I’m not a seat-of-the-pants decider, but I know how to make a quick decision. I’ve had my fair share of times when I’ve over analyzed or have gotten into that “analysis paralysis” mode and have made decisions I regret as soon as the words come out of my mouth. That being said, I will never have a story on Snap Judgement. Ever! Really, those stories are just that weird. Anyway, …

When I look back, I don’t have many regrets for the decisions I’ve made. That’s probably because I was raised to make informed decisions and believe I made the right choice. My grandfather was a missile instructor. Making the wrong choice when you launch a missile can have grave consequences. And since I lived with my grandparents, my grandfather had a lot of influence in my formative years.

The interesting part is that he believed you can correct course on most decisions when it came to life. And that’s what I was taught. Few decisions in life are fatal and those that are require serious attention. I’m a “serious attention” person for almost all the decisions I make. Although I can make quick decisions, I don’t make them without consulting as much information as I can within the time I have.

There are a few decisions I’ve made that I regret, but there are a few I wish I would have done differently. Fortunately, most are pretty low-level. But still, let’s take a look at a few decisions gone wrong. And don’t say you can’t relate.

SFH 1990Totally 80’s hair – Probably the best decade for hair. Unfortunately, some of us kept it well past its prime.

Shoulder pads – Melanie Griffith in Working Girl I was not. But I loved that “put together ” look. Looking back, I was probably a big ol’ “fashion don’t”.

Blue eye shadow – make that cheap blue eye shadow. Although it’s starting to make a comeback, no one ever really needed opalescent powder blue eye shadow.

Bonfire in the desert – maybe your high school wasn’t near a desert so you don’t know about these, but in parts of Texas they’re pretty popular. And by popular I mean a place for doing things you know you shouldn’t but you’re in high school so you know more than everyone else. Thank goodness there was no social media back then.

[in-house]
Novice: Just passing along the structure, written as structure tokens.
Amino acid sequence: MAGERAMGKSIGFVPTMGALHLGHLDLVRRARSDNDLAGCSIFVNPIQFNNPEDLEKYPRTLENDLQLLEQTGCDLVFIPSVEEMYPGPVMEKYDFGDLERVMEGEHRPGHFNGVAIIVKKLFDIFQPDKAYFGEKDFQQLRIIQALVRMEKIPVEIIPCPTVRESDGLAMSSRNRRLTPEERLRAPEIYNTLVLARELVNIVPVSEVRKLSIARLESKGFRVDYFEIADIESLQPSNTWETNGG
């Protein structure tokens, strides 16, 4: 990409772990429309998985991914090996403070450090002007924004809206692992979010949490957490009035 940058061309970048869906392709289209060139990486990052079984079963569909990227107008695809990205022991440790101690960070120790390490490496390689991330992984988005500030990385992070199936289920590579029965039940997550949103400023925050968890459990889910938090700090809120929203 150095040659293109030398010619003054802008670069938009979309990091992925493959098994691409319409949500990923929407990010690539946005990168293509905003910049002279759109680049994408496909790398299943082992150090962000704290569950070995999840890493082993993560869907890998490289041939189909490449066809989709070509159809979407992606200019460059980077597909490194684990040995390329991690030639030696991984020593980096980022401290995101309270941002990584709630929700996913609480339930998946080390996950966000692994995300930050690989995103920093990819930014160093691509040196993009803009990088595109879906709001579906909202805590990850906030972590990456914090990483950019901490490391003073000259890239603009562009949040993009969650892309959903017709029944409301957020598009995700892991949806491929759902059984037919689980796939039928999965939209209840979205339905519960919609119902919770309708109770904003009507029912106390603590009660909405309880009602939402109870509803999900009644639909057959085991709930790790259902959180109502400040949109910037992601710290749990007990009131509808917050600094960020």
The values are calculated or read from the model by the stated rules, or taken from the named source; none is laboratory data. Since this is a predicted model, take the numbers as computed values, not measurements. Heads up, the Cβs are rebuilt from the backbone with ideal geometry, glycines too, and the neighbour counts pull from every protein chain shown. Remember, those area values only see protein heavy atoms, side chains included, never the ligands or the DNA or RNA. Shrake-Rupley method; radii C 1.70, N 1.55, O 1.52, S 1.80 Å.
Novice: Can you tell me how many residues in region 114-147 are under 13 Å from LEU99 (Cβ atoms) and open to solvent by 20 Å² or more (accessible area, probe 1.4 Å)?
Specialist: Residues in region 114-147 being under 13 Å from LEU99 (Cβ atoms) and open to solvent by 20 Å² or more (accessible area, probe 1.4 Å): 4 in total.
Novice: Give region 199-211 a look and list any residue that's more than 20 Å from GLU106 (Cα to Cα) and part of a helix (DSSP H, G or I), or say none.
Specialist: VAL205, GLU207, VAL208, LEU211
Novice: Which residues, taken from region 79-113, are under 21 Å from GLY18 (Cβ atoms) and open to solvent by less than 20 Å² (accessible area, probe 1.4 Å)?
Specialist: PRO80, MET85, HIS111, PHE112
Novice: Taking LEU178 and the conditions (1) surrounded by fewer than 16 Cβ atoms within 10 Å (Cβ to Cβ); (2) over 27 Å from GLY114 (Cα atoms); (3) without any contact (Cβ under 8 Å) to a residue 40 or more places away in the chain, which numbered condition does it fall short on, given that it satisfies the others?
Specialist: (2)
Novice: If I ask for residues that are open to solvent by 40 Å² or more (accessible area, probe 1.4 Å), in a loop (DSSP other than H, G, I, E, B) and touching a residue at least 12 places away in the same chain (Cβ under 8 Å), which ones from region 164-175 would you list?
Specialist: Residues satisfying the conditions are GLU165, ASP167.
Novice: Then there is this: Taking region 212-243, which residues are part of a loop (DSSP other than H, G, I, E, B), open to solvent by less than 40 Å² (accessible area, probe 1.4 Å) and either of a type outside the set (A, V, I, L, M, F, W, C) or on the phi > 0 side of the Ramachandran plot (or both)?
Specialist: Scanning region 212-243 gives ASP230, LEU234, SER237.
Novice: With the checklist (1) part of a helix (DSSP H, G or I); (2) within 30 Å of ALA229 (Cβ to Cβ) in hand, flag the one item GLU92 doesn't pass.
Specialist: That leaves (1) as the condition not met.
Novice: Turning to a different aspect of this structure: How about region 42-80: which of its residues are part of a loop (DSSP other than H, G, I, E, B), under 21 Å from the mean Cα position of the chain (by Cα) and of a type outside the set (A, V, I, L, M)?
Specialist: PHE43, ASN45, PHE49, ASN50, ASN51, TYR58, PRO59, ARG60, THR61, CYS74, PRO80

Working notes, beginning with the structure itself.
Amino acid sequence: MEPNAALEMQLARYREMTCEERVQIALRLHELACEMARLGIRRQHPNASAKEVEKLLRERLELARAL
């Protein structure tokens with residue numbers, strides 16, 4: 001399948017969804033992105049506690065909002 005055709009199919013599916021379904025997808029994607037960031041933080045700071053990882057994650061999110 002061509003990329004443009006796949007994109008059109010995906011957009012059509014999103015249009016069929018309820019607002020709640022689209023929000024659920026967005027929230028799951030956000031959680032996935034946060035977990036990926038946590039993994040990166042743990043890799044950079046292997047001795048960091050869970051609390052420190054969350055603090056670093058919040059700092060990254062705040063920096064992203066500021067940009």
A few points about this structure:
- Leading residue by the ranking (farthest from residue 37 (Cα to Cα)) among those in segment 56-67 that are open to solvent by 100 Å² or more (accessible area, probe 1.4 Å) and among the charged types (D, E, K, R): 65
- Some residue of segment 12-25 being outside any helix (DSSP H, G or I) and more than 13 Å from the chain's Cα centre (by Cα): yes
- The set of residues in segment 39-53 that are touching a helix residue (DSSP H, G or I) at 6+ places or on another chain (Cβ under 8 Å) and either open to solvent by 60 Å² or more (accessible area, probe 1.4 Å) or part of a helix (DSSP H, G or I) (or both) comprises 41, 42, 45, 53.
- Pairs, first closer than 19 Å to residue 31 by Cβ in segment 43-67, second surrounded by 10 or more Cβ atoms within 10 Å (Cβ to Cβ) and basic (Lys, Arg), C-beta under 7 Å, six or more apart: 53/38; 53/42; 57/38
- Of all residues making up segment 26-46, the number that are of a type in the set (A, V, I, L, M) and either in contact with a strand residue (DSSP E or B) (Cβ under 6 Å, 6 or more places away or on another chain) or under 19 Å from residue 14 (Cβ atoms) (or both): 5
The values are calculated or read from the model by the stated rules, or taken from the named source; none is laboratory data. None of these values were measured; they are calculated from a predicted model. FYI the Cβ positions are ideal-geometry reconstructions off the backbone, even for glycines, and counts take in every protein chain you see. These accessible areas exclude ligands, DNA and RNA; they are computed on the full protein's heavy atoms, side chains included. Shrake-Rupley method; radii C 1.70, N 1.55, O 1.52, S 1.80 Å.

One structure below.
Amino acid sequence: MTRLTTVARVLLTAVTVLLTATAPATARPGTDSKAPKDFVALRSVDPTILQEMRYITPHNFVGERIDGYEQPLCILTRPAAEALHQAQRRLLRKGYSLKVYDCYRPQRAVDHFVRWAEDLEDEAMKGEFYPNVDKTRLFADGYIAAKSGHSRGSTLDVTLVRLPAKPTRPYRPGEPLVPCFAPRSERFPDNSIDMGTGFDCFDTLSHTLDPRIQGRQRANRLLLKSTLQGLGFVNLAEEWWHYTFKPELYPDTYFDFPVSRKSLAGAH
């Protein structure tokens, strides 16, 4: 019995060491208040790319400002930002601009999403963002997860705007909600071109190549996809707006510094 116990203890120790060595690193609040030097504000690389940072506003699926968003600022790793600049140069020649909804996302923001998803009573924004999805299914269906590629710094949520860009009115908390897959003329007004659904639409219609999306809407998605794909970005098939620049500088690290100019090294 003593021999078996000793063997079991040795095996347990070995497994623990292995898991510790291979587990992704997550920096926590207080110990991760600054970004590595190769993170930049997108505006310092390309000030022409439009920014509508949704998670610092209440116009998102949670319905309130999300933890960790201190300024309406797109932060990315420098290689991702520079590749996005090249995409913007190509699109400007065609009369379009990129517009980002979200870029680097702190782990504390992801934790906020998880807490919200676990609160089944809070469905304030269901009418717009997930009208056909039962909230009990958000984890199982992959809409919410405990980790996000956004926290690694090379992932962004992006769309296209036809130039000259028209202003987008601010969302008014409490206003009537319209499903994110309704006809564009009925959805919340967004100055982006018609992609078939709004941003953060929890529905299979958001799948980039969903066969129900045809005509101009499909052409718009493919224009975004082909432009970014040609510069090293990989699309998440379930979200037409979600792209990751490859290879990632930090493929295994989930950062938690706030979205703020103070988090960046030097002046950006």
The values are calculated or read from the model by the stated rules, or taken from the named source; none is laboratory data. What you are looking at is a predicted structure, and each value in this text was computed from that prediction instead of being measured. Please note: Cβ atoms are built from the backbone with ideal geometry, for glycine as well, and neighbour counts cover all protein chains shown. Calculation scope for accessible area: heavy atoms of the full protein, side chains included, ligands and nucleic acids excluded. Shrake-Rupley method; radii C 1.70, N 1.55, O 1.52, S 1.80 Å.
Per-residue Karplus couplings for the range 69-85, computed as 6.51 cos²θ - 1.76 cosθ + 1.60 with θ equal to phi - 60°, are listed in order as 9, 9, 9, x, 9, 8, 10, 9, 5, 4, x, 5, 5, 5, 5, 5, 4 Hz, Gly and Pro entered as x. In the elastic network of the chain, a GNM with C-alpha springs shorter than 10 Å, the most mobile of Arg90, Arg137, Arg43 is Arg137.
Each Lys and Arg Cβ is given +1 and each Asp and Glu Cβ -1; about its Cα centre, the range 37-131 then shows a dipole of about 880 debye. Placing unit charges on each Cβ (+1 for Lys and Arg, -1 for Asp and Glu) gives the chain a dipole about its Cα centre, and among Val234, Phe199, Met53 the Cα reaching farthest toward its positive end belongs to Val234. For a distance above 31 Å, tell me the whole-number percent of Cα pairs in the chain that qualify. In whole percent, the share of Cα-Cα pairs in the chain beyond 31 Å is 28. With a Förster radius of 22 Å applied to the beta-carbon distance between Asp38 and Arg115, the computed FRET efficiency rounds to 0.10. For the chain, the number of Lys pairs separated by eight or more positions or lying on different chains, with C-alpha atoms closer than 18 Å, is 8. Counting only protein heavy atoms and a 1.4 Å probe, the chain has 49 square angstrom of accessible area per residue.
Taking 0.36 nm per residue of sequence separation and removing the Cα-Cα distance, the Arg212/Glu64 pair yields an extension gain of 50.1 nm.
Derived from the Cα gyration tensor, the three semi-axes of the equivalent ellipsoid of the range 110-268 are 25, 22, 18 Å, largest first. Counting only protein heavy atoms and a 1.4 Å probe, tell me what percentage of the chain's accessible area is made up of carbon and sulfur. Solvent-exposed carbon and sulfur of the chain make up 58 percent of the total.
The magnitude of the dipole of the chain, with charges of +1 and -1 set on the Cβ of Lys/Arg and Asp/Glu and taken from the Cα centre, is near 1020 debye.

SFH 1987Hideous prom dresses – what were we thinking? These were more confections than clothing. No wonder there are websites now that totally mock our 80s clothing choices. Just wait, though, they’ll come back in style. Mark my word!

The Brick Phone – Please don’t make me feel old by saying you don’t know what I mean. First mobile phone, my friend. OK, I didn’t have enough money to afford one so I had the lame cousin of The Brick Phone, The Bag Phone. Yep, mobile phone in a leatherette bag. As if I was some undercover agent or something. I probably still had the 80’s hair and thought I was totally stylin’.

People who don’t understand distance – I’m serious with this one. The first month of college I needed to go to Target. I couldn’t get a ride so I figured I could walk there. I asked a few people who said it was “not far”. So I set out. About an hour later I stopped in a store along the way, and asked where the Target was. “Just up the road a few blocks” is what I was told. Liars! They’re all liars! If I was in a car I’d have been there in 20 minutes. But I was being transported by two size 8s and that darn Target store was like 5 miles away. And so now I rarely ask people for directions (thanks GPS!), because I walked 10-freakin’ miles for a stupid laundry basket and other random junk I likely didn’t need. Could I have turned back at any time? Sure. But the call of Target was strong! Not far, huh?

Volunteer MugHalf the times I’ve said “yes” to volunteering – Ugh! When people ask me if I’ll volunteer for things because I can’t say no. I grew up in a house where service to others and volunteering were part of the fabric of our lives. It’s so ingrained in me, it’s taken me until recently to actually say “no” or ask if I can get back to them. I’ve said yes to standing in sweltering heat handing out water bottles to band kids, of which I had none. I’ve said yes to getting up when it’s still night-time to help set up, and then when other people didn’t show I stayed despite being so tired. And while I always had a positive outlook and did my best, after a while I just started to feel like I was being asked because they knew it was more of a rhetorical question. But then my friend staged an intervention and gave me this mug.  Which I love!

Hitting send – I think we all have a story about hitting send when we shouldn’t have. Whether it’s work-related or personal, there really needs to be an “undo” button on anything we can send. In my younger years, it wasn’t all that much an issue because you had to schlep yourself to the post office and that time gave you an opportunity to think about all that would go wrong. But these days it’s so easy to be “keepin’ it real”. But “keepin’ it real” does go wrong. And while my moment of regret when I hit send wasn’t all that bad, it did require a meeting with one of the firm’s partners and an apology letter to a client. Which I why I never participate in those stupid forward-this-to-5-people-and-Bill-Gates-will-send-you-$5 million schemes. And why Snopes is one of my favorite websites.